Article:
An early cylinder movement by the great George Graham, in a later silver case and later dial.
MOVEMENT : Gilt cylinder movement, fully signed and numbered (5466). Diamond endstone and four Egyptian pillars. Finely engraved balance cock, with the serial number repeated under the neck (and dial plate).
The movement is protected by a removable gilt dustcap.
In good condition throughout with just some scratches around the pillar tops. It is running well.
DIAL : Later white enamel dial in poor condition.
Hairlines on the edge between 2 and 4, another light crack between 6 and 7, and some scratches.
Good 18th century blued steel beetle and poker hands.
CASE : Later silver case, with London hallmarks for 1816.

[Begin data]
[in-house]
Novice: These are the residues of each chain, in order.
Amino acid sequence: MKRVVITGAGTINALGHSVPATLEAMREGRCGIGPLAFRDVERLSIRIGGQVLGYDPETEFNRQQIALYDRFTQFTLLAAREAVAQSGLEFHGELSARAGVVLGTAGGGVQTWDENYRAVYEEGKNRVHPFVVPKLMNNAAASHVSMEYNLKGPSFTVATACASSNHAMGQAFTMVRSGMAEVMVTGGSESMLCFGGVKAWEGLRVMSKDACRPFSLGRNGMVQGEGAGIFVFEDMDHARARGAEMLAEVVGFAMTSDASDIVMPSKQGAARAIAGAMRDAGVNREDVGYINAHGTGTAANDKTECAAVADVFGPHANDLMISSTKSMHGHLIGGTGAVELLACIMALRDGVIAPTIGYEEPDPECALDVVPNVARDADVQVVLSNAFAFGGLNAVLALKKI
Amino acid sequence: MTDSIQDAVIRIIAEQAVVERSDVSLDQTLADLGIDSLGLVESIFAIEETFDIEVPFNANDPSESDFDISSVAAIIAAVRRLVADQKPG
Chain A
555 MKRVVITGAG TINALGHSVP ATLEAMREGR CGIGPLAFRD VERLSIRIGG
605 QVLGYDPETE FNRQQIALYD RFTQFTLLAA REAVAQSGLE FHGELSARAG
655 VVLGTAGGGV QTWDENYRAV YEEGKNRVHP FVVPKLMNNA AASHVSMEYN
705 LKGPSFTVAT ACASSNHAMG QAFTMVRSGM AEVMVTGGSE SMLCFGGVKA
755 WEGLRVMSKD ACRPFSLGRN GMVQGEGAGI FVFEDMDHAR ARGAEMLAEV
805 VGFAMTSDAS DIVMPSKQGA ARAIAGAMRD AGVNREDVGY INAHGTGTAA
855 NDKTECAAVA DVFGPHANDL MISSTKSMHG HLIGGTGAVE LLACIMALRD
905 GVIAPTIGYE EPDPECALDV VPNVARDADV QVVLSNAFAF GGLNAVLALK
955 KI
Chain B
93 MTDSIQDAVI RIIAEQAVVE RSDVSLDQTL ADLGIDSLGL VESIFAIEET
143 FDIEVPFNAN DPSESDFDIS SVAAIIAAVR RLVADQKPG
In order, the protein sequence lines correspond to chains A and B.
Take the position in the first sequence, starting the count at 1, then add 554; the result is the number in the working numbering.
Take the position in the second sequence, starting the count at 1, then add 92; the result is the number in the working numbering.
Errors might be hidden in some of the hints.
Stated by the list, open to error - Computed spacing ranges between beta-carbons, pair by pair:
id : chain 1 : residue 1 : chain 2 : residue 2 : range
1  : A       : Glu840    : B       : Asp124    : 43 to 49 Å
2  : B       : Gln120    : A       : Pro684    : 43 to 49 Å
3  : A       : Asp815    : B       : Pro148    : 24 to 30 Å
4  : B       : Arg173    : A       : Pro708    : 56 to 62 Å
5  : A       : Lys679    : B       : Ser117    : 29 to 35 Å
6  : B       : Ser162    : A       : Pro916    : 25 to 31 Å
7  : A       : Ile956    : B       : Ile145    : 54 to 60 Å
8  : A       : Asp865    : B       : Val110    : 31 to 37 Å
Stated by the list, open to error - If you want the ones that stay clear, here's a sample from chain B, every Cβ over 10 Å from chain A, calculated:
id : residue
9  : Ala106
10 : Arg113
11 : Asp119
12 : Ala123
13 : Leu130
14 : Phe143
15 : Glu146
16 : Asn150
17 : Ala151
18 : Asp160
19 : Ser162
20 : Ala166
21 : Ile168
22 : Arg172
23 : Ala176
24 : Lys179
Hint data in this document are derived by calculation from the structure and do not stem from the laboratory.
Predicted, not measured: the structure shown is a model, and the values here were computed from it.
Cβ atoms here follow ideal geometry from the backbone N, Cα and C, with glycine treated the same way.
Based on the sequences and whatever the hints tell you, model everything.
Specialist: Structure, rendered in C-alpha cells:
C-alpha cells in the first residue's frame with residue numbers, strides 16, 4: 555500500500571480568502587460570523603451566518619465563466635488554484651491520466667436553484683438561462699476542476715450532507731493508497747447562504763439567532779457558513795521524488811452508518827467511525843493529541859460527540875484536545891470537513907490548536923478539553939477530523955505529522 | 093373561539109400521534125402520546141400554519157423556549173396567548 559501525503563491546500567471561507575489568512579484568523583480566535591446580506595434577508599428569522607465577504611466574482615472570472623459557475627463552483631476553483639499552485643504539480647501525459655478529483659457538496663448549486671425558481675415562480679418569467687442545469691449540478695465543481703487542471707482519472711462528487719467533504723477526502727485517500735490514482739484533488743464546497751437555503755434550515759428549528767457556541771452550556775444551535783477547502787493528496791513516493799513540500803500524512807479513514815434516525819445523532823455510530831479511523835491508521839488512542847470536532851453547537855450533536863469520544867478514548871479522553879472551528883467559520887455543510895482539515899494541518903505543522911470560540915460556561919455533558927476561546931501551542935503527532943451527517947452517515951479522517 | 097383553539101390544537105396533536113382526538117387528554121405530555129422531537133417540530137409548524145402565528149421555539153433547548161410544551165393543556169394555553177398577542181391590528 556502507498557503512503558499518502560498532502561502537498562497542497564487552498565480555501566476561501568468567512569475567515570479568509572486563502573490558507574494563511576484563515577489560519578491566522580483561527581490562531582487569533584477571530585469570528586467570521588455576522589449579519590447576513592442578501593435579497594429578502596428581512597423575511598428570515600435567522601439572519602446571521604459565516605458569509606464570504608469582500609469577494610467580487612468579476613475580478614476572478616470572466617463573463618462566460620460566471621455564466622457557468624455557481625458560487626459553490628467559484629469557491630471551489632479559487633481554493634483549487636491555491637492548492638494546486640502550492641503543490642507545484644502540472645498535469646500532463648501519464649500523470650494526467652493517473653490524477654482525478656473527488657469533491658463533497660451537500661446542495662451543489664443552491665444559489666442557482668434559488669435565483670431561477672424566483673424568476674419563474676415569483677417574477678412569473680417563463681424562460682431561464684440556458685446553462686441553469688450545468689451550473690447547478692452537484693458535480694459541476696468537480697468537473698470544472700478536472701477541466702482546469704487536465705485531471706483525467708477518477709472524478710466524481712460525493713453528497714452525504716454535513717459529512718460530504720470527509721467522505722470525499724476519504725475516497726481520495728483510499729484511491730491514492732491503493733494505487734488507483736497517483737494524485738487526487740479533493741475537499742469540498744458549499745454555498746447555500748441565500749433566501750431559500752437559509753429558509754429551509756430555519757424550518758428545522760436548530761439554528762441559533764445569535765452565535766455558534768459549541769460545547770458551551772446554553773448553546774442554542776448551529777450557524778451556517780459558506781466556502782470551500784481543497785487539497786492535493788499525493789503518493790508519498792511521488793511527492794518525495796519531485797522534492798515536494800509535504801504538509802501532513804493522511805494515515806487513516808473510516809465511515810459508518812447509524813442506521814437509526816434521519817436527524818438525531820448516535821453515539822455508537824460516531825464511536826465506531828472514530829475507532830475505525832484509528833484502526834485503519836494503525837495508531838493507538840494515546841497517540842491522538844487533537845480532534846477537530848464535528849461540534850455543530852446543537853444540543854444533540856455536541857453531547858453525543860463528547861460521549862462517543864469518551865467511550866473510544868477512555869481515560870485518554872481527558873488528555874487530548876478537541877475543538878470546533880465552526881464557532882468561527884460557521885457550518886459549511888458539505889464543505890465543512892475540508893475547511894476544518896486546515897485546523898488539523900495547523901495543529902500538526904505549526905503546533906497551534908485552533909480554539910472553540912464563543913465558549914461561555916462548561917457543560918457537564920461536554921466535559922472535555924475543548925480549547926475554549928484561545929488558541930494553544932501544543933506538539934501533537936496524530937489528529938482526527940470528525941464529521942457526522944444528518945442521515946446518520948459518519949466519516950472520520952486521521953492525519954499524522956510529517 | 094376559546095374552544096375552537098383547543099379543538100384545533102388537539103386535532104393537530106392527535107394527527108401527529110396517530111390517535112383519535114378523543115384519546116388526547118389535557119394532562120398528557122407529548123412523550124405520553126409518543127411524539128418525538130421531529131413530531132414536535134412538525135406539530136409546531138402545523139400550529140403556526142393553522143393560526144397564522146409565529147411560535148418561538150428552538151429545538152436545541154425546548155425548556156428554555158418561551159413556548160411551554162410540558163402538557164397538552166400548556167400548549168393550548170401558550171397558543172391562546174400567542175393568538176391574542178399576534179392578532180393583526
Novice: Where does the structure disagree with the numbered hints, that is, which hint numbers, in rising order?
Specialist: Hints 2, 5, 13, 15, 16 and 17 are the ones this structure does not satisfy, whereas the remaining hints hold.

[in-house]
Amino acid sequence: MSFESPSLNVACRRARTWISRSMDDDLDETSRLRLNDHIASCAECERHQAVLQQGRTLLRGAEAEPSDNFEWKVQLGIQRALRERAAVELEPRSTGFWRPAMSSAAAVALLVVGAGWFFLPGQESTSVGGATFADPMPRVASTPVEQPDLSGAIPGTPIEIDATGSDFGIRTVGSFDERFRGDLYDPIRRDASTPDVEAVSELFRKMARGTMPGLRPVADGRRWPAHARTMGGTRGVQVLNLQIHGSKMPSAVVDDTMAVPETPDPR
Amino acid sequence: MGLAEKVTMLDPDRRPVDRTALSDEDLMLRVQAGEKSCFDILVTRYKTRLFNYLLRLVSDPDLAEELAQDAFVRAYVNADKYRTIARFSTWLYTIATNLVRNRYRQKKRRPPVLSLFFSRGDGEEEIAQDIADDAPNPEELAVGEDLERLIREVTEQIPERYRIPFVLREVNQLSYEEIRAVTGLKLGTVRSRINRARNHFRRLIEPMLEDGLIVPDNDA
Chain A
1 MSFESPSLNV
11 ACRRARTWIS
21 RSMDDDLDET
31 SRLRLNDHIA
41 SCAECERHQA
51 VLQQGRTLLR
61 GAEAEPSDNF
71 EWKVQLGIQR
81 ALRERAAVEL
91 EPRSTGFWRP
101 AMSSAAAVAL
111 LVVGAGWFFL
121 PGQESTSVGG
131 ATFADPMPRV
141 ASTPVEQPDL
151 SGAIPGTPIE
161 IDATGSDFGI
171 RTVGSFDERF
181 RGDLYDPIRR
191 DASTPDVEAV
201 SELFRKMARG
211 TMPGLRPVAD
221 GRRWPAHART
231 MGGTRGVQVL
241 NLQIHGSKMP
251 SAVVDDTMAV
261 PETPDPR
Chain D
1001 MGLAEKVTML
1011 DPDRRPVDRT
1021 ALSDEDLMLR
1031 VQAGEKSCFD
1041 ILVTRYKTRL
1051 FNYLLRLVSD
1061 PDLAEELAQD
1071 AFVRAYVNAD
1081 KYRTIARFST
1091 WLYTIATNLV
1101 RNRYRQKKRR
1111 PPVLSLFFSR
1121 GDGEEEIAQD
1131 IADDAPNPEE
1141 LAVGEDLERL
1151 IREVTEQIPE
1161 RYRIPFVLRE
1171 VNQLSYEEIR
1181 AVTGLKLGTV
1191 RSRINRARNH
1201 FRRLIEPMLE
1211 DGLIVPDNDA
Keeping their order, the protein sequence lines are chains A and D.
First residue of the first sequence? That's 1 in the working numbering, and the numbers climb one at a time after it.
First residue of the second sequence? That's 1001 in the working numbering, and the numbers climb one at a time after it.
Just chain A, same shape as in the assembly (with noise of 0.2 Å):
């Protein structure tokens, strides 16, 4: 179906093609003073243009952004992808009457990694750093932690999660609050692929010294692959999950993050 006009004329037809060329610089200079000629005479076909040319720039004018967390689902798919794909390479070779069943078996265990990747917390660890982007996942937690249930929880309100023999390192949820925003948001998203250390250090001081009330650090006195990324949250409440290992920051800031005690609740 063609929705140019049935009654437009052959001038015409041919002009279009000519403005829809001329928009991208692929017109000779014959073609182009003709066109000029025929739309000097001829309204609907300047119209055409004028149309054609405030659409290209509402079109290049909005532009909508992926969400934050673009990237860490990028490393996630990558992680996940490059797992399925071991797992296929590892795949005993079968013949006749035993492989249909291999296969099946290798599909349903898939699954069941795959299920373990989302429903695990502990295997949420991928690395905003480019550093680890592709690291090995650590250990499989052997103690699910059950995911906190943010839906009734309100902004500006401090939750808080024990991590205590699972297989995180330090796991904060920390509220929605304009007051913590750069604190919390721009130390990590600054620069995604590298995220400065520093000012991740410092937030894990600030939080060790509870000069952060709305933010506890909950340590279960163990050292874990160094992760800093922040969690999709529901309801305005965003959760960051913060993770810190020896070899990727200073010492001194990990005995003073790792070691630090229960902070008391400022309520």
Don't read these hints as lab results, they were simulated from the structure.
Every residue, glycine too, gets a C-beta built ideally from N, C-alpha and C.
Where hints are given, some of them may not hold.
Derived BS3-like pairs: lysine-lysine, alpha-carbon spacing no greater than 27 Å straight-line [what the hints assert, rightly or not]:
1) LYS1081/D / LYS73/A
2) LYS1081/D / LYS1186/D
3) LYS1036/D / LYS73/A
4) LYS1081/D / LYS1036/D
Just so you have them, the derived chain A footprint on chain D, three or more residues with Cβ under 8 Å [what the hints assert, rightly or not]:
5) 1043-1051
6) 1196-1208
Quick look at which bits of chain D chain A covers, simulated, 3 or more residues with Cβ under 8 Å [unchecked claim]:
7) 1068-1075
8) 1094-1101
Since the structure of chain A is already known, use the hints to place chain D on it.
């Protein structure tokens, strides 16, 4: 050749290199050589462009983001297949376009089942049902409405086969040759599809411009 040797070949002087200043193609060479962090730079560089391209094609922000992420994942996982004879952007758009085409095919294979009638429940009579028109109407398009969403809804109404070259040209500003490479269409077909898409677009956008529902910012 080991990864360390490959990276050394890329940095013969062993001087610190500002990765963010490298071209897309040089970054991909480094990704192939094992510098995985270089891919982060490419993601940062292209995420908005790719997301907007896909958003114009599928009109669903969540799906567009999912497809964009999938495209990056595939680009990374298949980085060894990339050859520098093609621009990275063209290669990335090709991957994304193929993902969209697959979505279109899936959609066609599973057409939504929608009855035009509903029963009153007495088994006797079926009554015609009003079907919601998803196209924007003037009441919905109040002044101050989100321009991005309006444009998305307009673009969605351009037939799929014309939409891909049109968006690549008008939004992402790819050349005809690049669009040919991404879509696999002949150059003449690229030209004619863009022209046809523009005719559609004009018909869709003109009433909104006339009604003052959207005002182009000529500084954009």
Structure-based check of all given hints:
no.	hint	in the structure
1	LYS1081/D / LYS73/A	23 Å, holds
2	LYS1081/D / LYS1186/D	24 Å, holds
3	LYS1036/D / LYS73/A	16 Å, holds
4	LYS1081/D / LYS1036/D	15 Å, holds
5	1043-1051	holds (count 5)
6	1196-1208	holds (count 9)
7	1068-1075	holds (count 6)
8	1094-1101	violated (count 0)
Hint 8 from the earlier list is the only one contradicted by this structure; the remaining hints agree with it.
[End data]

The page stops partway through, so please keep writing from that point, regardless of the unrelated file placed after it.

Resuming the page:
A heavy case in good condition with just a couple of bruises around the rim of the back. The hinges are fine and the bezel snaps shut correctly. The high dome bull’s eye crystal is good with just one chip right on the bezel at 1
The serial number of the movement dates it to about 1732, by which time George Graham had switched from verge to cylinder movements.
The watch has a few features typical of George Graham. These include the serial number repeated under the balance cock and on the dial plate, a square section hairspring pin, and the fine quality of the engraving.
The case and dial were probably both added at the same time in the early 19th century.